As the government enforces a mandatory mobile phone SIM (subscriber identity module) registration, local law enforcement agencies have warned that criminals are now shifting to internet-based schemes.
That warning highlights the difficulty of fighting cybercrimes in the Philippines, the world’s social media capital, as fraudsters quickly adapt to new defenses in place. The problem is so bad that the police Anti-Cybercrime Group has recorded a total of 19,884 cybercrimes last year.
Without enough knowledge on how to counter such crimes, one may fall victim to cybercriminals at any time—even while at work. That can create a big headache for companies that may suffer from financial losses and even reputational damage as a result.
A survey of Philippine companies conducted by Statista, a data provider, shows business interruption and data loss were the leading impacts of cyberincidents on businesses in 2022. The same poll also reveals that 24 percent of respondents have paid ransom to cybercriminals at one point.
According to the Bankers Association of the Philippines (BAP), there are things that employees and companies can do to improve their cyber hygiene.
Sometimes, one will only appreciate the importance of having backup files after experiencing a devastating data loss that can disrupt productivity. Companies may also incur extra costs just to recover lost data.”
There are multiple ways to back up files, such as using a hard drive or the cloud. Ensuring the security of your data is one of the core foundations of cybersecurity,” BAP says.
BAP likewise suggests encrypting files to prevent unauthorized access to them. This measure, BAP says, must be complemented with a strong password to safeguard data.
“By incorporating a blend of uppercase and lowercase letters, numbers and symbols, we can effectively enhance the security of the password, making it significantly more challenging for hackers to guess,” the group says.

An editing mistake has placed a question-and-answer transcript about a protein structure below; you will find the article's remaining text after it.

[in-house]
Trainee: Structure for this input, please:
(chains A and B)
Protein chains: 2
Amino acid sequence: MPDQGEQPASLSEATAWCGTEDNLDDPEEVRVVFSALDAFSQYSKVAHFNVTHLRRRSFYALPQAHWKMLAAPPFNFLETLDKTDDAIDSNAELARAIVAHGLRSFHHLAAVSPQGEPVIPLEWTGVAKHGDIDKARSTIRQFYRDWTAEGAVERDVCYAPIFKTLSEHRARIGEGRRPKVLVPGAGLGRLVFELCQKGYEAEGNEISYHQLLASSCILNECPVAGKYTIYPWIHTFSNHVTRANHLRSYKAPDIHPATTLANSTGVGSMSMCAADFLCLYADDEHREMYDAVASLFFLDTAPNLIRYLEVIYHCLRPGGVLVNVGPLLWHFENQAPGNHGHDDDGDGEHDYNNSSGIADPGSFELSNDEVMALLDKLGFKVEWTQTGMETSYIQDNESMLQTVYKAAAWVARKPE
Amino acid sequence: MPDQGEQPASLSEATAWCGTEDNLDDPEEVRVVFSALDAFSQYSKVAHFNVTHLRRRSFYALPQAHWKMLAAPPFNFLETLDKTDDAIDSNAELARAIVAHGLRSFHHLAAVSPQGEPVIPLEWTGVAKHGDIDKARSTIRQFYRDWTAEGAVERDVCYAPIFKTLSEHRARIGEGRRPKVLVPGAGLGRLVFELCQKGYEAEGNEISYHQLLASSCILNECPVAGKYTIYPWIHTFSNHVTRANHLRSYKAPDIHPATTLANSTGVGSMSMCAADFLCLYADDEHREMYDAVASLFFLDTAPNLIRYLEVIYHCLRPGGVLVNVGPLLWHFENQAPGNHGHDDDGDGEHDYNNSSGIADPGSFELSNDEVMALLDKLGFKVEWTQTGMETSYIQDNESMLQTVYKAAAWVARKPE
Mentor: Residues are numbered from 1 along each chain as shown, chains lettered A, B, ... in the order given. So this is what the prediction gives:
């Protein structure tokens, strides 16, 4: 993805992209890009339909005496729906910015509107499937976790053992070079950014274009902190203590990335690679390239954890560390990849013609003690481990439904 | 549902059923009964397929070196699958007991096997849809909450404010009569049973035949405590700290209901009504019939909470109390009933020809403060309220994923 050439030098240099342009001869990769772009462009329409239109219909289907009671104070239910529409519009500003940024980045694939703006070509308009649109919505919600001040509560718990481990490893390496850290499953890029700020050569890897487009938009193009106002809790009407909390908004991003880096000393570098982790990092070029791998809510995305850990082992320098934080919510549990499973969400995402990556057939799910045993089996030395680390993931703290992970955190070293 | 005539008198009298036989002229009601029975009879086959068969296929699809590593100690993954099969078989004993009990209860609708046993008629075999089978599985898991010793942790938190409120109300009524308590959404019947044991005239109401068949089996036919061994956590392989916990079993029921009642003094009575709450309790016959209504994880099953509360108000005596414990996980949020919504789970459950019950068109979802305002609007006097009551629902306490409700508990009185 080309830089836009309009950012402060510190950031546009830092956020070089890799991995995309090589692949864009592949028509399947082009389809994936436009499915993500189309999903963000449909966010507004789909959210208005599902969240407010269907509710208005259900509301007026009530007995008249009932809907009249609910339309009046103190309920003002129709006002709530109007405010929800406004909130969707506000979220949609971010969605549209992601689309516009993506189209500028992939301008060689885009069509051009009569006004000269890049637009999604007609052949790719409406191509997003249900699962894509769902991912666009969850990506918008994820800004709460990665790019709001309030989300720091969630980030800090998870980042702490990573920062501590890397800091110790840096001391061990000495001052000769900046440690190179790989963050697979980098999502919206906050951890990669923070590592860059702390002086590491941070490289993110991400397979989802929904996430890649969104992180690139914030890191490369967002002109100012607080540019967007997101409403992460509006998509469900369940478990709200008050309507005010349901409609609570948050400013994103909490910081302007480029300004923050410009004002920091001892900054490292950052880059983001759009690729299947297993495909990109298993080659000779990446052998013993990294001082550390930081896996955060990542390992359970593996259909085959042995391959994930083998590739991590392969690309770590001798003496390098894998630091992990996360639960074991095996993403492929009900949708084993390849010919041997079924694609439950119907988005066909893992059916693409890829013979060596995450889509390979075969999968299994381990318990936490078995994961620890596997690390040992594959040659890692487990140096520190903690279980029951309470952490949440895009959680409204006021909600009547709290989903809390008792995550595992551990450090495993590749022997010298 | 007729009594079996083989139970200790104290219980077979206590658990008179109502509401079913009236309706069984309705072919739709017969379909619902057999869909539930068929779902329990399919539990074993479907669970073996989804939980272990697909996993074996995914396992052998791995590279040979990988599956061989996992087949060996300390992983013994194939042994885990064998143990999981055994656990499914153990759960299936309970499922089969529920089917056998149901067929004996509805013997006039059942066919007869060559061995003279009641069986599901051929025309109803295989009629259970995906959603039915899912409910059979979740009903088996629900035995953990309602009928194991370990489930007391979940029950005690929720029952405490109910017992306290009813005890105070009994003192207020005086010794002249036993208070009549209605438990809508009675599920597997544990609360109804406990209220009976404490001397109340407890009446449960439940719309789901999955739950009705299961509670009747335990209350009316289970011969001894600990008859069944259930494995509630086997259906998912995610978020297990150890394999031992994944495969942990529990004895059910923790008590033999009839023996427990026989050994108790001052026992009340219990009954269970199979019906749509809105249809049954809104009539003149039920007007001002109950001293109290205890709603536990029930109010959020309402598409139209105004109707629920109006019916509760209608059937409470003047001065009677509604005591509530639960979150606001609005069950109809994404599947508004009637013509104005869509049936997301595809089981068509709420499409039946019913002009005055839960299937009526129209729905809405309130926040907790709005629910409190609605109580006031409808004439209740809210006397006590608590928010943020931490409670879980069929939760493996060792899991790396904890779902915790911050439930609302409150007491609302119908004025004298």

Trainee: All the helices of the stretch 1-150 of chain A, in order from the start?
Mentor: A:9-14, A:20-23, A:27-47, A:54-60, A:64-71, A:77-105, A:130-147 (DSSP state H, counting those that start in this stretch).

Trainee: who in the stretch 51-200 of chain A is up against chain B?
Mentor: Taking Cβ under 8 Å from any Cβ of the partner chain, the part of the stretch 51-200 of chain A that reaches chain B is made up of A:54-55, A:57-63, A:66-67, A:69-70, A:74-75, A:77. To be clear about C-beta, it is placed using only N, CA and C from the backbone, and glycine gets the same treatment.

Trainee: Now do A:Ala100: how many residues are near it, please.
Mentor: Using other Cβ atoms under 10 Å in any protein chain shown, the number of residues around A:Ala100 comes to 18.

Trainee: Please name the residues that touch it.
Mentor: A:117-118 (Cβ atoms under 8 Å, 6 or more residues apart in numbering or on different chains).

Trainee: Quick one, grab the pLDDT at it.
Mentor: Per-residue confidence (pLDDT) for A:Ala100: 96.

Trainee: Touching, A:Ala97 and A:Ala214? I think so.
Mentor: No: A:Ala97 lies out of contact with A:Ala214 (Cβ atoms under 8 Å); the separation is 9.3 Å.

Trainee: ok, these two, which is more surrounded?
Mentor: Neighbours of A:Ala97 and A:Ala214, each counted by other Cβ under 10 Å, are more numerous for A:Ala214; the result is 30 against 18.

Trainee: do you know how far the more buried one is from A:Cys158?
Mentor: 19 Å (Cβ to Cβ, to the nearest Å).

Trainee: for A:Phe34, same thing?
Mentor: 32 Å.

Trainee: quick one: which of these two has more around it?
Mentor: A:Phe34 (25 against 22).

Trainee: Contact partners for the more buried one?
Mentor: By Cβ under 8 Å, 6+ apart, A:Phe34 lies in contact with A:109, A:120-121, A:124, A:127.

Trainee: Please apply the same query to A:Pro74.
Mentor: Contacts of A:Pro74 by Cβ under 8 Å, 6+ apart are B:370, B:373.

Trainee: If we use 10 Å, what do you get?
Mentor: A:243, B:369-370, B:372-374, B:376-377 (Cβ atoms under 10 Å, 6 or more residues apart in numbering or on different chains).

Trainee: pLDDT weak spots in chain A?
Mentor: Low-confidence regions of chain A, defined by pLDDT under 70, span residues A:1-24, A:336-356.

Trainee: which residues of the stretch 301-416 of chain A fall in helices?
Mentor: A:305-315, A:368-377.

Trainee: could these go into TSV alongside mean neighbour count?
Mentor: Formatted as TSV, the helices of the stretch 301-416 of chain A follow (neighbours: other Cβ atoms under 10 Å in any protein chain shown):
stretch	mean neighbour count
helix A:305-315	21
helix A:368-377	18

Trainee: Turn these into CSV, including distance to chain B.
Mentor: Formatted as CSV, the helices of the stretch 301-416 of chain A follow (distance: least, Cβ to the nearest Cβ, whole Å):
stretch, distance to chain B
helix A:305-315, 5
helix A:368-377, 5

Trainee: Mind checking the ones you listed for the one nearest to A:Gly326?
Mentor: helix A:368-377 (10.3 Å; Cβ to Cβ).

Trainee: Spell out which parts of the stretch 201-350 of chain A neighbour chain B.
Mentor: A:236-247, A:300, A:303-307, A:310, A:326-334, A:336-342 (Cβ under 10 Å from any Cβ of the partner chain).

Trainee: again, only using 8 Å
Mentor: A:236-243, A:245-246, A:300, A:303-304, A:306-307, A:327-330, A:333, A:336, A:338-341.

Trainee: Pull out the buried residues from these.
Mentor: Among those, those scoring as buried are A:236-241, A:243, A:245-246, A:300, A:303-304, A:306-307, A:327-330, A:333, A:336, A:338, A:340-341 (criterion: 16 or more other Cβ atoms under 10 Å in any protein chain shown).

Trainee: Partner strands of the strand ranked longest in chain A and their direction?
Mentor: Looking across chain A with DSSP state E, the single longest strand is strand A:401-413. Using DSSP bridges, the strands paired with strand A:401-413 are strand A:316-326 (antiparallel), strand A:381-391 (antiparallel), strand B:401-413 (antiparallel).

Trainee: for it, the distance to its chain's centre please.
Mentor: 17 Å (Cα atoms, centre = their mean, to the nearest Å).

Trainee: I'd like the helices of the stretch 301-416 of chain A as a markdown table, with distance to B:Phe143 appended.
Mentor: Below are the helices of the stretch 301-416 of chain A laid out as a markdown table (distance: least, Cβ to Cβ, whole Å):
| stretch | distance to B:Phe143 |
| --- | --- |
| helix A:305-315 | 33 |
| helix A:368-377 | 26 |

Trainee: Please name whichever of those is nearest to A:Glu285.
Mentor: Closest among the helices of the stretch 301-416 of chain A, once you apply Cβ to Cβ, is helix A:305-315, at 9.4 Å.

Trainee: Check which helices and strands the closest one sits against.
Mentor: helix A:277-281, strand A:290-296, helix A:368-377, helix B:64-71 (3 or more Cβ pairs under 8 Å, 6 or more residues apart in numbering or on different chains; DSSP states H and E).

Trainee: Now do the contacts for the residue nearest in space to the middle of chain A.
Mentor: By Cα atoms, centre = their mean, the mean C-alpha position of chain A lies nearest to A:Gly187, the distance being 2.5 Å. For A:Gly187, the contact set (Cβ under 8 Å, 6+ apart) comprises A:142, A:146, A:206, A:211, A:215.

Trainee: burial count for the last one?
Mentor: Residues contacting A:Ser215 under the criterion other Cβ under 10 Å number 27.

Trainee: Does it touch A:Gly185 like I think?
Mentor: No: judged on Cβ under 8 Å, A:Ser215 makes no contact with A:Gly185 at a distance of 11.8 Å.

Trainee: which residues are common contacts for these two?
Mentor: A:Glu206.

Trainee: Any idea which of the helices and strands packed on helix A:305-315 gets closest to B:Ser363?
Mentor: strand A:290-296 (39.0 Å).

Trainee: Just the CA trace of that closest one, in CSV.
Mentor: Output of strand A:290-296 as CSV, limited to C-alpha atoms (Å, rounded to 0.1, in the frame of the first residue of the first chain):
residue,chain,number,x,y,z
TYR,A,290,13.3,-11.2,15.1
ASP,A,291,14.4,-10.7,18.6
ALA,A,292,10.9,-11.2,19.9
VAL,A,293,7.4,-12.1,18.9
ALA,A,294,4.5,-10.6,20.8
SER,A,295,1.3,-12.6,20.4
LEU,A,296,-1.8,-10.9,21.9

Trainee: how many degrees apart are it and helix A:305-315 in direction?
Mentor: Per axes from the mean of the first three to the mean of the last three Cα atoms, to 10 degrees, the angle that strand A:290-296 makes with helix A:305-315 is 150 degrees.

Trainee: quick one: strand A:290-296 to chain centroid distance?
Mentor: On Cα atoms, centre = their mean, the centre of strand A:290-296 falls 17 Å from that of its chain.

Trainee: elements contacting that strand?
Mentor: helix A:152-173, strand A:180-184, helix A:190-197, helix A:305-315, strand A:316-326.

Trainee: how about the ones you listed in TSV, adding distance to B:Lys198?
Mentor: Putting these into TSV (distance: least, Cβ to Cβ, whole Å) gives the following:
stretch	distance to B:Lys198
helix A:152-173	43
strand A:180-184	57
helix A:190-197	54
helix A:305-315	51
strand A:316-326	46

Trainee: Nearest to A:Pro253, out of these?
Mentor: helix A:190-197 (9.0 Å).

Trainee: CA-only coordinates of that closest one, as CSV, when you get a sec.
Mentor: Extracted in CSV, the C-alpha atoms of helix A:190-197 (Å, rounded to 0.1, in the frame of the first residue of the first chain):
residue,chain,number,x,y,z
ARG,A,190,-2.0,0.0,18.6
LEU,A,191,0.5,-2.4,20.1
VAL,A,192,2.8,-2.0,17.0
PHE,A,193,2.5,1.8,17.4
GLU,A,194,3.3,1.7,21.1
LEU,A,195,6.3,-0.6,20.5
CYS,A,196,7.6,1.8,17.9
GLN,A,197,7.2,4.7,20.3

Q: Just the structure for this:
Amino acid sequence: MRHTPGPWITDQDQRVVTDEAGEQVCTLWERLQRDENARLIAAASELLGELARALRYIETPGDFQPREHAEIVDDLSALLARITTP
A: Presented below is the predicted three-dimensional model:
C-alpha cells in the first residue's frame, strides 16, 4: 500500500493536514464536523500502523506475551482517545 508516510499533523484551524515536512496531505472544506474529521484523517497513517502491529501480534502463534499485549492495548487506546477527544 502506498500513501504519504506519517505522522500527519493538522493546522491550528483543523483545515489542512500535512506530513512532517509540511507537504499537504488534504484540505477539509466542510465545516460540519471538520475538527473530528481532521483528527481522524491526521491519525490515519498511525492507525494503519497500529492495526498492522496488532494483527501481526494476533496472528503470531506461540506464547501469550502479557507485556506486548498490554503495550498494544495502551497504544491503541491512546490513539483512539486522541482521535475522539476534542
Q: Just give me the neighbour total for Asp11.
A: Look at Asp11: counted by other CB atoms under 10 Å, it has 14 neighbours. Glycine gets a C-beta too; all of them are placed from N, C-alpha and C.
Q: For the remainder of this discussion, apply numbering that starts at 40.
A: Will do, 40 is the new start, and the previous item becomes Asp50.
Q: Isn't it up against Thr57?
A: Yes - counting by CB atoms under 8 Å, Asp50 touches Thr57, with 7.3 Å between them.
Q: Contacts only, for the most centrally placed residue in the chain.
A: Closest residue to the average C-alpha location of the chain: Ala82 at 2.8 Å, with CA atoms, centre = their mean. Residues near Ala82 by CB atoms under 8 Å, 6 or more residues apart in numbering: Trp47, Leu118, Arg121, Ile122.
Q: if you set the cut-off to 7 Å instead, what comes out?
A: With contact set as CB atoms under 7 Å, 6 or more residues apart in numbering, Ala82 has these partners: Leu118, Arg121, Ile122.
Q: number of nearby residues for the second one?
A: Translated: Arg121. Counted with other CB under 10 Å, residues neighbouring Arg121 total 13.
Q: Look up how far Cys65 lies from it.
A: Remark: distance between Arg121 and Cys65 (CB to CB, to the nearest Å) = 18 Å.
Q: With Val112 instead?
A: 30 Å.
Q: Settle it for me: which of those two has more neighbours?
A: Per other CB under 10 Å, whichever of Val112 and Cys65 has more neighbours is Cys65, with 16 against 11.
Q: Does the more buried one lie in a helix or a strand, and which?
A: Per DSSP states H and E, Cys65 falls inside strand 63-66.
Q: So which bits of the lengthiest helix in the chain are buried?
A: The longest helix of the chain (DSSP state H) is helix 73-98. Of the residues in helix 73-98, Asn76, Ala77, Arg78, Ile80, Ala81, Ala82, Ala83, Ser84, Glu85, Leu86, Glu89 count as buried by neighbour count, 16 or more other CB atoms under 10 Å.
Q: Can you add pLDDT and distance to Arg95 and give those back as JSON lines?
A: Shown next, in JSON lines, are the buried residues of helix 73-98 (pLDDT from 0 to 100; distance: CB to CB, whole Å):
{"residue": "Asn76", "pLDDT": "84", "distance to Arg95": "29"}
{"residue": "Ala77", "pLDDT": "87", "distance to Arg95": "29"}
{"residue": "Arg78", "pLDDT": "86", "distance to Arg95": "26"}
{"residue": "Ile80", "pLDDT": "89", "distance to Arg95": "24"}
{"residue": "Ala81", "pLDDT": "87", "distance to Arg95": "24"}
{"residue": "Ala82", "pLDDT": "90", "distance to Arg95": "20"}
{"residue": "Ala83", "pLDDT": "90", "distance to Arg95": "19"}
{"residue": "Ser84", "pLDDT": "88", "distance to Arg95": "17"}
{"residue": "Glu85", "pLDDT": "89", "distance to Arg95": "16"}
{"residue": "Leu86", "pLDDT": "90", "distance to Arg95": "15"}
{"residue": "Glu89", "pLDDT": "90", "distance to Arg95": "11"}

”Ensuring the safety of your work data entails not just about preventing unauthorized access, but also sharing it only with people you trust,” it adds.
Caution on devices and messaging apps
BAP also advises workers to avoid using office devices for personal use, as this will allow hackers to single-handedly access both personal and company information in the event of a data breach.
At the same time, BAP urges employees to stay cautious when switching between their personal and business devices.”
To prevent this, if an employer gives you a device for work, use it just for that purpose. This lowers your exposure to the digital space, thus minimizing the possibility that an unknown entity might access your work data,” the group says.
“However, owning two devices might be cost-prohibitive for some people. If this is the case for you, keep in mind common cybersecurity tips such as using a VPN (virtual private network), avoiding public Wi-Fi hot spots and updating software,” it adds.
BAP also says that employees should make sure that only trusted and secure messaging apps are installed on their devices.”
To further protect that data, use only trusted messaging apps that encrypt conversations. This is because the developers of these apps have built-in encrypting tools to ensure your and your colleagues’ privacy,” BAP says. “Making these apps a core part of your daily office life helps you feel more secure about your internet privacy.”
Learning more about good cyber hygiene must not stop, BAP says, adding that companies must invest in cybersecurity training for workers.
There are cybersecurity softwares and programs that employees can learn to use to protect their work data from hackers. These programs and software must be regularly updated to utilize the latest defenses built by the developers against evolving cyberthreats, BAP says.
“Training sessions should ensure that employees are aware of the best practices for implementing cybersecurity in the workplace. Employees should also be completely informed of cybersecurity software programs available to them and how to use them to their greatest potential,” the group explains.
”To complement regular training sessions, giving employees a cybersecurity manual can reinforce the skills learned during training,” it adds.